Archetypes that don't rely on specific mechanics or sheer speed to win gamesUnless you're playing a deck that fully bets on speed to win, or has a specific ability or interaction that puts a lot of strain on your manabase (like basic land types for Snuff Out or artifact lands for Affinity/Metalcraft), you probably have an eligible strategy to fit Basilisk Gate — especially if we're talking about a Midrange or Control where they normally don't care about having some tapped lands along with creatures that actually make that power increase matter. However, in theory, not every list will be able to take full advantage of this structure with the same efficiency and/or without heavier trade-offs. Basilisk Gate is theoretically excellent in Faeries variants, as it addresses the need to cover one of the primary weaknesses of this strategy: the lack of an efficient clock after you stabilize the game. With it, you turn any Faerie Seer or Spellstutter Sprite into a 4/4 Flying in a few turns. However, Faeries is extremely color intensive: You want two blues for Counterspell, you want two blues and one red for a backup with removal, you want three blues for cantrips that might find an answer. Because of this, resorting to a colorless land is harmful if you don't adapt your base for it — something relatively viable in the format we have today — as it doesn't fit so well into the current structure due to these requirements. It's possible that my assumption that Faeries isn't the best alternative for Gates is wrong, and we'll see the archetype take over Pauper when people find the right shell. After all, Caw-Gate plays with Counterspell and Celestial Flare and doesn't have as many problems with color requirements, but Faeries' need to transition between beatdown and control is much more frequent, and It really bothers me about investing three mana for a power boost if we don't increase the number of lands and/or adapt the play style with more proactive elements. Basilisk Gate solves masterfully. The tradeoff, however, is having fewer targets to cast Glint Hawk aggressively without needing more lands that come into play tapped, or relying on a playset of Ancient Den and Great Furnace along with the risk of becoming an easy target for Gorilla Shaman.
NotGood's list takes that idea to the max with this 5-Color Ephemerate, which has the support of Abundant Growth to have access to any color in addition to offering the classic interaction with Kor Skyfisher in the same way that we saw with Arcum's Astrolabe. In these Ephemerate variants, Basilisk Gate has the inevitability that at some point your flying creatures will attack without blocking, and at that moment, the fact that you naturally take the game to late-game makes Gates' base extremely efficient in terms of power boost, easily enabling a three or even two-turn clock. Ephemerate, the low deckbuilding concession required allows you to add Gates to literally any archetype that doesn't care so much about Early-Game, even in a combo like Tireless Tribe with Inside Out, where activating the land along with Shadow Rift means dealing a considerable amount of damage on later stages — not to mention that Mulldrifter and Seeker of the Way are also great targets for it. Basilisk Gate is giving Infect means to play without resorting exclusively to the "creature + pump" proposal, making room for more interaction and the certainty that, if the game extends, you have the inevitability to deal 10 damage with a creature and win the game instantly. Some other lists are running Blighted Agent to play around Lifegain.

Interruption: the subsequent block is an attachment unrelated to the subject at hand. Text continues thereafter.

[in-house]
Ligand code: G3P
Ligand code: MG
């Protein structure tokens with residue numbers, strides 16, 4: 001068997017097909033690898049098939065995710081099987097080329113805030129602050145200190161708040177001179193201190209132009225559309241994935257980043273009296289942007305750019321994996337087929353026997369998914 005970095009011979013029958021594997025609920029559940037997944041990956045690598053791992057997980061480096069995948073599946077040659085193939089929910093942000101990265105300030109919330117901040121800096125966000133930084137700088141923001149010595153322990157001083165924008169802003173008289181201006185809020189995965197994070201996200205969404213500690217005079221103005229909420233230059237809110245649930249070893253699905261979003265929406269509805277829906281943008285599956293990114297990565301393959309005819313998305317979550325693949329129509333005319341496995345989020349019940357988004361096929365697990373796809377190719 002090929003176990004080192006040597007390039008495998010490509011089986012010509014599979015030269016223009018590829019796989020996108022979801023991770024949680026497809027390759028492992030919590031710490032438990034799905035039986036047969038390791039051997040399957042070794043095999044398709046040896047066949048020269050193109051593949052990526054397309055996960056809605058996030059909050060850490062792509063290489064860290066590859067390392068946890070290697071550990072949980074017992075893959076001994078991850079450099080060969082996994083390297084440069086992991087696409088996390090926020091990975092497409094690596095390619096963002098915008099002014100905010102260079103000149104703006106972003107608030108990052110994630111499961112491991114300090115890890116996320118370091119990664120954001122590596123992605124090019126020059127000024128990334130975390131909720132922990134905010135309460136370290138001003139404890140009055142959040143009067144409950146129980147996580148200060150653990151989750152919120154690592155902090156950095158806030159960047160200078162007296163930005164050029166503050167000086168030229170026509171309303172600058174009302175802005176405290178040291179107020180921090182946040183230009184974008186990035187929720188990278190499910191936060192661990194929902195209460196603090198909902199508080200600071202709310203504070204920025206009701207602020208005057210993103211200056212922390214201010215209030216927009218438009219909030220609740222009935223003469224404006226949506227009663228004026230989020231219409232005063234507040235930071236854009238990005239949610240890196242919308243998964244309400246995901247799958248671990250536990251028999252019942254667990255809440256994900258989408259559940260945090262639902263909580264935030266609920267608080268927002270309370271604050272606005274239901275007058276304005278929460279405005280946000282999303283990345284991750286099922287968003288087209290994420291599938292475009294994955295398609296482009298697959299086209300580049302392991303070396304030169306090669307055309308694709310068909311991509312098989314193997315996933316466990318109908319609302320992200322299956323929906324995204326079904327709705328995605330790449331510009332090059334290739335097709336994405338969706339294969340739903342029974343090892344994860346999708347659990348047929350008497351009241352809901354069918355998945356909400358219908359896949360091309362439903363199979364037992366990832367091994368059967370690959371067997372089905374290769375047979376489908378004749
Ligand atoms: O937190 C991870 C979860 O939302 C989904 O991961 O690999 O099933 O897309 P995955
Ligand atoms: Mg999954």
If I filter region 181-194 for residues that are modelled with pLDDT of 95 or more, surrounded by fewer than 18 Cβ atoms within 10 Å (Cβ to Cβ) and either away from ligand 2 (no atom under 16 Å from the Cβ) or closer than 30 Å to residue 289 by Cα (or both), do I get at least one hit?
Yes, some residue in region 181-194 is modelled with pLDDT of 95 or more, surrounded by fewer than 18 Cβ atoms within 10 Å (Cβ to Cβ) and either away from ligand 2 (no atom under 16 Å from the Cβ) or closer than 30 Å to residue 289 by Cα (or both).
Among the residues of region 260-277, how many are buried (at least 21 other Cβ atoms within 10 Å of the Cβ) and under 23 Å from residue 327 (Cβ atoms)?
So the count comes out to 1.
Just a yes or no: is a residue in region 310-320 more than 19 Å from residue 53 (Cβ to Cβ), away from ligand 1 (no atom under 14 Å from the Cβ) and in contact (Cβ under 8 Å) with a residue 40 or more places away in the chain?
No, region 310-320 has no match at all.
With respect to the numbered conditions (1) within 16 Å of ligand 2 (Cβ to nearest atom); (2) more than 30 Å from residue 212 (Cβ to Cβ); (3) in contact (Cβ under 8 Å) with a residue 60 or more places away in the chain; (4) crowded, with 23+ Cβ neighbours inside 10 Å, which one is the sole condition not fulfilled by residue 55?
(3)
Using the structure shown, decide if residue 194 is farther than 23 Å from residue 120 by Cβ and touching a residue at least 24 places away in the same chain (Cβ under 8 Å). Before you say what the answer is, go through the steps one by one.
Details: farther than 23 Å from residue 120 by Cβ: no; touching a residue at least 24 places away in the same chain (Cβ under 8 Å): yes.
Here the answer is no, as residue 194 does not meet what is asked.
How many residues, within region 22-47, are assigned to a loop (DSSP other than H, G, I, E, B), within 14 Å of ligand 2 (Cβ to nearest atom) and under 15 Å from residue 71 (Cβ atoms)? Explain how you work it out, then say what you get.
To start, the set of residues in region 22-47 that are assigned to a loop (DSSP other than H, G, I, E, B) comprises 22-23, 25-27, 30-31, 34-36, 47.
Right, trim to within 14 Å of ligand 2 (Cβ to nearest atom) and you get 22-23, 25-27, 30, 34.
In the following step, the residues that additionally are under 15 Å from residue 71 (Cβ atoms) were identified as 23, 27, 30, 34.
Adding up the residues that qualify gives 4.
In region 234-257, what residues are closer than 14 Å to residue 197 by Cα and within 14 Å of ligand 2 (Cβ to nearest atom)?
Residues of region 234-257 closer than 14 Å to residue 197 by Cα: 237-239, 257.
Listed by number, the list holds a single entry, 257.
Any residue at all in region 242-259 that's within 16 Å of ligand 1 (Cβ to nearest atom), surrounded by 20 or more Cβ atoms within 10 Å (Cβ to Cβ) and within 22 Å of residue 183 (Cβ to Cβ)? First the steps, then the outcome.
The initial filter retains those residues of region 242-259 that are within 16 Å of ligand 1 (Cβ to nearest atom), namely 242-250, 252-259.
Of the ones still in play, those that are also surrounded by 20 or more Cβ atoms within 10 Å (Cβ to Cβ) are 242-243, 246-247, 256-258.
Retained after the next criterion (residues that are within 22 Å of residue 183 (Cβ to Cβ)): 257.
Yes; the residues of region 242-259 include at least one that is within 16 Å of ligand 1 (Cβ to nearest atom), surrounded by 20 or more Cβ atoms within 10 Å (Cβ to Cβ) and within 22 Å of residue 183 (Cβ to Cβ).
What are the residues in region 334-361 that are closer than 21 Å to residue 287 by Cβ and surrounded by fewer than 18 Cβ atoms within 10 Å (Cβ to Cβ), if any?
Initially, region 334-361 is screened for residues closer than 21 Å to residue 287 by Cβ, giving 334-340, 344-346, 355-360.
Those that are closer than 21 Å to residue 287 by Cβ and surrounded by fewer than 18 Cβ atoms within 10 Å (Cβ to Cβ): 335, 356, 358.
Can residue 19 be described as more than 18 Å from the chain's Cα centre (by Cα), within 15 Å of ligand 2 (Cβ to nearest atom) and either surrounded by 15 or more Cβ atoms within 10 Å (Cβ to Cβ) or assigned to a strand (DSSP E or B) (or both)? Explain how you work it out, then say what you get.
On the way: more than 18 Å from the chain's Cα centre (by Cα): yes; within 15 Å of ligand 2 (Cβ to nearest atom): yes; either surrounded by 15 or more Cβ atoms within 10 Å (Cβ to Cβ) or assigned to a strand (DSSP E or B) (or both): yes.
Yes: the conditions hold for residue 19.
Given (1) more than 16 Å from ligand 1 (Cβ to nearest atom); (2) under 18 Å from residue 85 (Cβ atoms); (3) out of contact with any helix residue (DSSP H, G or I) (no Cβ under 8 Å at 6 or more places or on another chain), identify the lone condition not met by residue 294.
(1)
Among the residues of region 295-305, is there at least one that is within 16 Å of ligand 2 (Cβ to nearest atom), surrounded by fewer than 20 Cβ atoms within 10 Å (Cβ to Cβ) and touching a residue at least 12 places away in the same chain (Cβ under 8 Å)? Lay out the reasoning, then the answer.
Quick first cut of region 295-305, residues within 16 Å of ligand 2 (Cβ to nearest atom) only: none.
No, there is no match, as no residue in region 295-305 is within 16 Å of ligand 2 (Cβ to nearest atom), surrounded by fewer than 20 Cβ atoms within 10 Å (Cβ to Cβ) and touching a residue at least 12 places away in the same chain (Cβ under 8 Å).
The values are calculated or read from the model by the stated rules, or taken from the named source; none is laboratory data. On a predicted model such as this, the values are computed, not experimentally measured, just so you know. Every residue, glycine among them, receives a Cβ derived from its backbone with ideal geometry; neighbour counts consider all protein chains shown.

What do I need to run Basilisk Gate in my deck?
A manabase that supports Gates without making your game plan worse
Creatures with abilities that benefit combatActivating a Basilisk Gate on a Phyrexian Rager means very little if it is blocked and/or even if it damages the player. The best targets are creatures that have some sort of evasion and/or relevant ability at the combat phase.
Double Strikeare powered up by Basilisk Gate. After all, 4 Lifelink damage is another 4 life you gain to slow your opponent's clock.
How to fight Basilisk Gate?
Go for the Lands
is exclusively activated at Sorcery-Speed and requires a three mana investment to generate the pump— this creates a massive response window to deal with any creature your opponent makes this investment of resources, preferably with something that costs less mana than they invested.